U.S. Supreme Court rejects Trump administration’s attempt to end DACA

The U.S. Supreme Court on Thursday blocked the Trump administration’s attempt to end legal protections for 650,000 young immigrants.

In a 5-4 decision, the court rejected President Trump’s efforts to upend the Obama-era Deferred Action for Childhood Arrivals Program, commonly referred to as DACA. The court didn’t rule on DACA itself, but faulted the Trump administration on the way it went about trying to rescind the policy.

Chief Justice John Roberts wrote, “We do not decide whether DACA or its rescission are sound policies. We address only whether the agency (the Department of Homeland Security) complied with the procedural requirement that it provide a reasoned explanation for its action. Here the agency failed to consider the conspicuous issues of whether to retain forbearance and what if anything to do about the hardship to DACA recipients.” The Department of Homeland Security can try again, Roberts wrote.

Gov. Laura Kelly said the court made the right decision. “There are more than 6,000 DACA recipients in Kansas — they serve in our military, work in our hospitals, teach our kids and pay taxes. They were brought here as children, this is their home, they belong here.”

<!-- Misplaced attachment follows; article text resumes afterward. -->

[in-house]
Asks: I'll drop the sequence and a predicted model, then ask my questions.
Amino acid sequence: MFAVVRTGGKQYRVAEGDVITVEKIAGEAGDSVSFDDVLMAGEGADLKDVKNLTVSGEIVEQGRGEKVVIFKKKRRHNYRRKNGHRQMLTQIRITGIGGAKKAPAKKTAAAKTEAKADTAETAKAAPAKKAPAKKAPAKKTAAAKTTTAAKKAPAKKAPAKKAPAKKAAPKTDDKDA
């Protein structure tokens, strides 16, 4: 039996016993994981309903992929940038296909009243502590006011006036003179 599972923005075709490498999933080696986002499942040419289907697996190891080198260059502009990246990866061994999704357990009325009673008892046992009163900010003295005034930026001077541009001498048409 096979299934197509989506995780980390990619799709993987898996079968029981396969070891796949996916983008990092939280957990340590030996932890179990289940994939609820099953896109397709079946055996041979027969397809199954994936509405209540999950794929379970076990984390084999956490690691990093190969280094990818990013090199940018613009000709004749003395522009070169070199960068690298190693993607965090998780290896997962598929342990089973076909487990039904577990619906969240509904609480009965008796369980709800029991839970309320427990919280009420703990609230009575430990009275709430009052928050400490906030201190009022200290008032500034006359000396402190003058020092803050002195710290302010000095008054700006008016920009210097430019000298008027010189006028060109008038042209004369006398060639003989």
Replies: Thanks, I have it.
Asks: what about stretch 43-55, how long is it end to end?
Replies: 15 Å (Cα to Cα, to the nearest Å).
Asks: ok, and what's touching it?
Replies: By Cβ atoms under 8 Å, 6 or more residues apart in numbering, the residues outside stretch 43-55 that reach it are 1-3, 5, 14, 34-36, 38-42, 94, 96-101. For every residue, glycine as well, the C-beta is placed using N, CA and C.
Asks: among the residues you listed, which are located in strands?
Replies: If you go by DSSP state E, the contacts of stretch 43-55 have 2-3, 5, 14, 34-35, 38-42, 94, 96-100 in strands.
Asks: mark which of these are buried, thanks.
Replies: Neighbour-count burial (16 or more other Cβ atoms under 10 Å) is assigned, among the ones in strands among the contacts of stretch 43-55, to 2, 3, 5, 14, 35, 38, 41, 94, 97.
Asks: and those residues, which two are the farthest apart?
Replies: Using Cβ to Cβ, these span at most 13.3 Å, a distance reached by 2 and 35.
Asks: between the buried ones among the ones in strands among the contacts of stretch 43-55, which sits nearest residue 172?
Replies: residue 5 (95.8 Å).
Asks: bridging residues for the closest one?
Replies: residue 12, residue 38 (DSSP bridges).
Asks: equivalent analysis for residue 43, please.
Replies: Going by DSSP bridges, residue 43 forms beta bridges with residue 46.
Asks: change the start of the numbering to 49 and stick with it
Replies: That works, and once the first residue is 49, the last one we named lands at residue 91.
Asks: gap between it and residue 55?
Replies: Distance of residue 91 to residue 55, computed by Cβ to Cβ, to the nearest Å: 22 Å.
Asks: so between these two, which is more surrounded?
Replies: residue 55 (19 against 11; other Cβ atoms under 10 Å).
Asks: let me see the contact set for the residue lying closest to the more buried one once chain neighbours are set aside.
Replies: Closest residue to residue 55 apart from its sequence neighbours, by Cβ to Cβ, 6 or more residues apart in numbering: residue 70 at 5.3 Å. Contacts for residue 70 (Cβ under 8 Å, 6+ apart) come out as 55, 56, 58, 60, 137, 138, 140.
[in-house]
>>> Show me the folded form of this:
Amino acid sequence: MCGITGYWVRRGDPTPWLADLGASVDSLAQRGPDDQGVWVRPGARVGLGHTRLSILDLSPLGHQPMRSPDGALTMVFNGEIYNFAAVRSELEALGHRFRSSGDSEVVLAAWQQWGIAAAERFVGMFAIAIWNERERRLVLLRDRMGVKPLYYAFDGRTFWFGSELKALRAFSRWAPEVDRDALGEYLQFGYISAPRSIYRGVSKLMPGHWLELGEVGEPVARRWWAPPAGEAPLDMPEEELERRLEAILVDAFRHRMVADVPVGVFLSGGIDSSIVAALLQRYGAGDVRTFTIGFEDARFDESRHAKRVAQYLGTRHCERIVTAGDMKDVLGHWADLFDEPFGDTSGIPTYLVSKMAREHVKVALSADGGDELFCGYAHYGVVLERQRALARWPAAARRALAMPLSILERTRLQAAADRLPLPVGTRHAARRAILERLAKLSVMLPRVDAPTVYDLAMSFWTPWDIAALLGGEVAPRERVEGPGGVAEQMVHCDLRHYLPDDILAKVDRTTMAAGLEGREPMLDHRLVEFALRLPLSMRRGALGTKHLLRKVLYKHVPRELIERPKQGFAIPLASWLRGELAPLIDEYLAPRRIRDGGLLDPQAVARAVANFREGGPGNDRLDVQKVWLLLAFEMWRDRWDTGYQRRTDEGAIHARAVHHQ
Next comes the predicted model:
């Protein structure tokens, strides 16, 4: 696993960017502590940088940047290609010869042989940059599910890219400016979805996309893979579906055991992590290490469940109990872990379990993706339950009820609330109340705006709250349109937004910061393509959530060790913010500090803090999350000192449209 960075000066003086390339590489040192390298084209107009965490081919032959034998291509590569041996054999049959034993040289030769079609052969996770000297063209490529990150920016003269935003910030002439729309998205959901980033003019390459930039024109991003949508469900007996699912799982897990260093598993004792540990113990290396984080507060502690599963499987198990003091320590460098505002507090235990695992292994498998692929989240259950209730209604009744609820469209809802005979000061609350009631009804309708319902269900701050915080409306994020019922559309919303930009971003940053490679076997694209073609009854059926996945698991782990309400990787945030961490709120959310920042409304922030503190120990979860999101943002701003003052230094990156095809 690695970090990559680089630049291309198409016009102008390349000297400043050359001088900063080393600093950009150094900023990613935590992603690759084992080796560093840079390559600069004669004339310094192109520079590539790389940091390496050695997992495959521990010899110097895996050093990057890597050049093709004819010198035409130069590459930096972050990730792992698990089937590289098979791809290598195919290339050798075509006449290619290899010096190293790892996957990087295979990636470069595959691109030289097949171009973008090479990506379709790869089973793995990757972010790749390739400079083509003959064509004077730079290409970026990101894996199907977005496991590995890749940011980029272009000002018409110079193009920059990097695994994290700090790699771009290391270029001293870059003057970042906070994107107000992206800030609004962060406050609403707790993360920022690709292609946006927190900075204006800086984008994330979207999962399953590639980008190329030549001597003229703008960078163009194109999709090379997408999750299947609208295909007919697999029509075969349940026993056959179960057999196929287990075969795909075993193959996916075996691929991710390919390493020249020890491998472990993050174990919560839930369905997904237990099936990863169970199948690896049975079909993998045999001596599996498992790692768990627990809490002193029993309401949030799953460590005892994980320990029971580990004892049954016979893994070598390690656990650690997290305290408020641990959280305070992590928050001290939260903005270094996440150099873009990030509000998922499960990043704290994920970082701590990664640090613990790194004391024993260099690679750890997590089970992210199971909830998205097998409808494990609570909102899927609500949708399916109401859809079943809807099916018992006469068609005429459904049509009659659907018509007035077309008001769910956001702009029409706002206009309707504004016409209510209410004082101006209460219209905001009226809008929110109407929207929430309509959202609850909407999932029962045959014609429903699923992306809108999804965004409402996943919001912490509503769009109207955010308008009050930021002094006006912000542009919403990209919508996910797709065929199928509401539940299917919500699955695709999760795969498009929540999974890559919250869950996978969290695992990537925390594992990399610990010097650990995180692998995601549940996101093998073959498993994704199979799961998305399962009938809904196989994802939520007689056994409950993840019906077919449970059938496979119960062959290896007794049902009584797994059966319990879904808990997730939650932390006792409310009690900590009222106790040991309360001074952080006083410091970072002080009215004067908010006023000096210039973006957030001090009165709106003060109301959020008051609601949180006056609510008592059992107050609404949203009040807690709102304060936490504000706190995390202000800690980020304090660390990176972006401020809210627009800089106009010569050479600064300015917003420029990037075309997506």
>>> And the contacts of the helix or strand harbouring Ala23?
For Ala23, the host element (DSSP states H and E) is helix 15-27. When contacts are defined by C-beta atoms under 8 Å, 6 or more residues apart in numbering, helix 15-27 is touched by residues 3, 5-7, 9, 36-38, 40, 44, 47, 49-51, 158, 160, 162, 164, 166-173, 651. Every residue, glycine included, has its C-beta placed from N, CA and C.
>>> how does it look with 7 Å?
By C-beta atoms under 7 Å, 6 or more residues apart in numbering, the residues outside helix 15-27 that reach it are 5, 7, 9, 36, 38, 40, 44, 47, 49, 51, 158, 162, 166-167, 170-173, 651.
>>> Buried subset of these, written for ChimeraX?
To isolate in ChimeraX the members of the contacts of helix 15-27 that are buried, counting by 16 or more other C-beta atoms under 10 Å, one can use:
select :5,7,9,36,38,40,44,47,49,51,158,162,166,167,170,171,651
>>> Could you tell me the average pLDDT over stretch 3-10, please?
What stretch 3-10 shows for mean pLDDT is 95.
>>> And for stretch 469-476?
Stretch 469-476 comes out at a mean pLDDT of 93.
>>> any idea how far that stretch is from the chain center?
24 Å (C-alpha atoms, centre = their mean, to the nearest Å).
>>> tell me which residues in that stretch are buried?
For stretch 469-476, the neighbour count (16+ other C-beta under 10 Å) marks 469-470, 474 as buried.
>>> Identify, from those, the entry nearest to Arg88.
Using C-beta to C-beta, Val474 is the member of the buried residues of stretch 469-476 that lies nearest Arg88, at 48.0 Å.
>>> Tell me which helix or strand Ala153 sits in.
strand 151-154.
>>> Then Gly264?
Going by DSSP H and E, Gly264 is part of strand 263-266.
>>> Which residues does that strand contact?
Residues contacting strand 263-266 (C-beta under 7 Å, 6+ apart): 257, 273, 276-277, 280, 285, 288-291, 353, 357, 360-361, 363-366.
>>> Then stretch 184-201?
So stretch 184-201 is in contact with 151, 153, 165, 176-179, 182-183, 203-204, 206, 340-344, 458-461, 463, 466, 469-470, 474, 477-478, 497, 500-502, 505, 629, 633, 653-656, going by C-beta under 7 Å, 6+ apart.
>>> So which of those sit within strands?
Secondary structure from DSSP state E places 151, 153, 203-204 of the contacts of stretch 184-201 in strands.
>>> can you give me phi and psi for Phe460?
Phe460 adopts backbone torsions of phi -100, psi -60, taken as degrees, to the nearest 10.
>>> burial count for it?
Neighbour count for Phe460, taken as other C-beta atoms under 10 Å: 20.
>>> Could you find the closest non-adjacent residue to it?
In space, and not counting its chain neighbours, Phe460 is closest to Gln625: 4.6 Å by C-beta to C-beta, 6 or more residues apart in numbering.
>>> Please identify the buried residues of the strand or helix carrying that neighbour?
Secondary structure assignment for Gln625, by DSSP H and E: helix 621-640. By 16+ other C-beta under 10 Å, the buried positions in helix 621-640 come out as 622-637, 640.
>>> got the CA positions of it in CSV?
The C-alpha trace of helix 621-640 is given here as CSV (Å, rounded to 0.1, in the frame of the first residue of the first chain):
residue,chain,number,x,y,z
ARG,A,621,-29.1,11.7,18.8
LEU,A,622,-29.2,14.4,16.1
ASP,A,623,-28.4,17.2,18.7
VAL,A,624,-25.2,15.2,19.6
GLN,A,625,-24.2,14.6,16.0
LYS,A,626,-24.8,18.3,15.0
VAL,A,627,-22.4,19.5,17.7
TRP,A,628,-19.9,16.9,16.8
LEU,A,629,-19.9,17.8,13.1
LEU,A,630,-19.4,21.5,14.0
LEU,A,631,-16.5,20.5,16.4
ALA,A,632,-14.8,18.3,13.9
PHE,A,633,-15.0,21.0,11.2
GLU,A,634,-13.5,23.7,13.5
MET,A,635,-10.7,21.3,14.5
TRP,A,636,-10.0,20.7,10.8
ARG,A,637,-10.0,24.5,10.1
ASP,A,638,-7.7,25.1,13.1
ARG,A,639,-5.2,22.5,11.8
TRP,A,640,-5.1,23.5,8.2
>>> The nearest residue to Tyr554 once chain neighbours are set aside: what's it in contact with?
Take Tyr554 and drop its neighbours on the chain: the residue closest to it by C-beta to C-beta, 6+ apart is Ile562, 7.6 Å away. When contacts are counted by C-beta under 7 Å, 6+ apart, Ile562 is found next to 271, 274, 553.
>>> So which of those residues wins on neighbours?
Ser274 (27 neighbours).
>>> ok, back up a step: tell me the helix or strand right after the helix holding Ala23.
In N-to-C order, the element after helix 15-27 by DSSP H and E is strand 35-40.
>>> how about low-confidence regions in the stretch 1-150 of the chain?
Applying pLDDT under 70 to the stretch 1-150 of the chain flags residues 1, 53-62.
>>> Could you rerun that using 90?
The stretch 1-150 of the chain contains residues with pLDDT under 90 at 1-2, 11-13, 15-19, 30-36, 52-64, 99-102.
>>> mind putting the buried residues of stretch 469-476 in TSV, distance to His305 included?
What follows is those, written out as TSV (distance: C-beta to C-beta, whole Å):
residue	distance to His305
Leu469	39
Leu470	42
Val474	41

DACA was formed after Congress failed to pass a comprehensive immigration bill in 2012. Then-President Obama through executive order put in place what he called a temporary fix through a policy that protected people from deportation and allowed them to work legally in the U.S.

When Trump announced that he planned to end DACA, education leaders, including those in Kansas, said some children and school employees would face an increased risk for deportation.

KASB did not take a position on the DACA program but supported amending federal law to provide legal status to undocumented students who are long-term residents of the United States.

The National School Boards Association had expressed opposition to ending DACA. The group, which represents state school board associations and their more than 90,000 local school board members, has urged Congress to amend the law to allow U.S. citizenship of undocumented students who are long-term residents. “We’re long-standing supporters of educating all students regardless of immigration status,” NSBA said.


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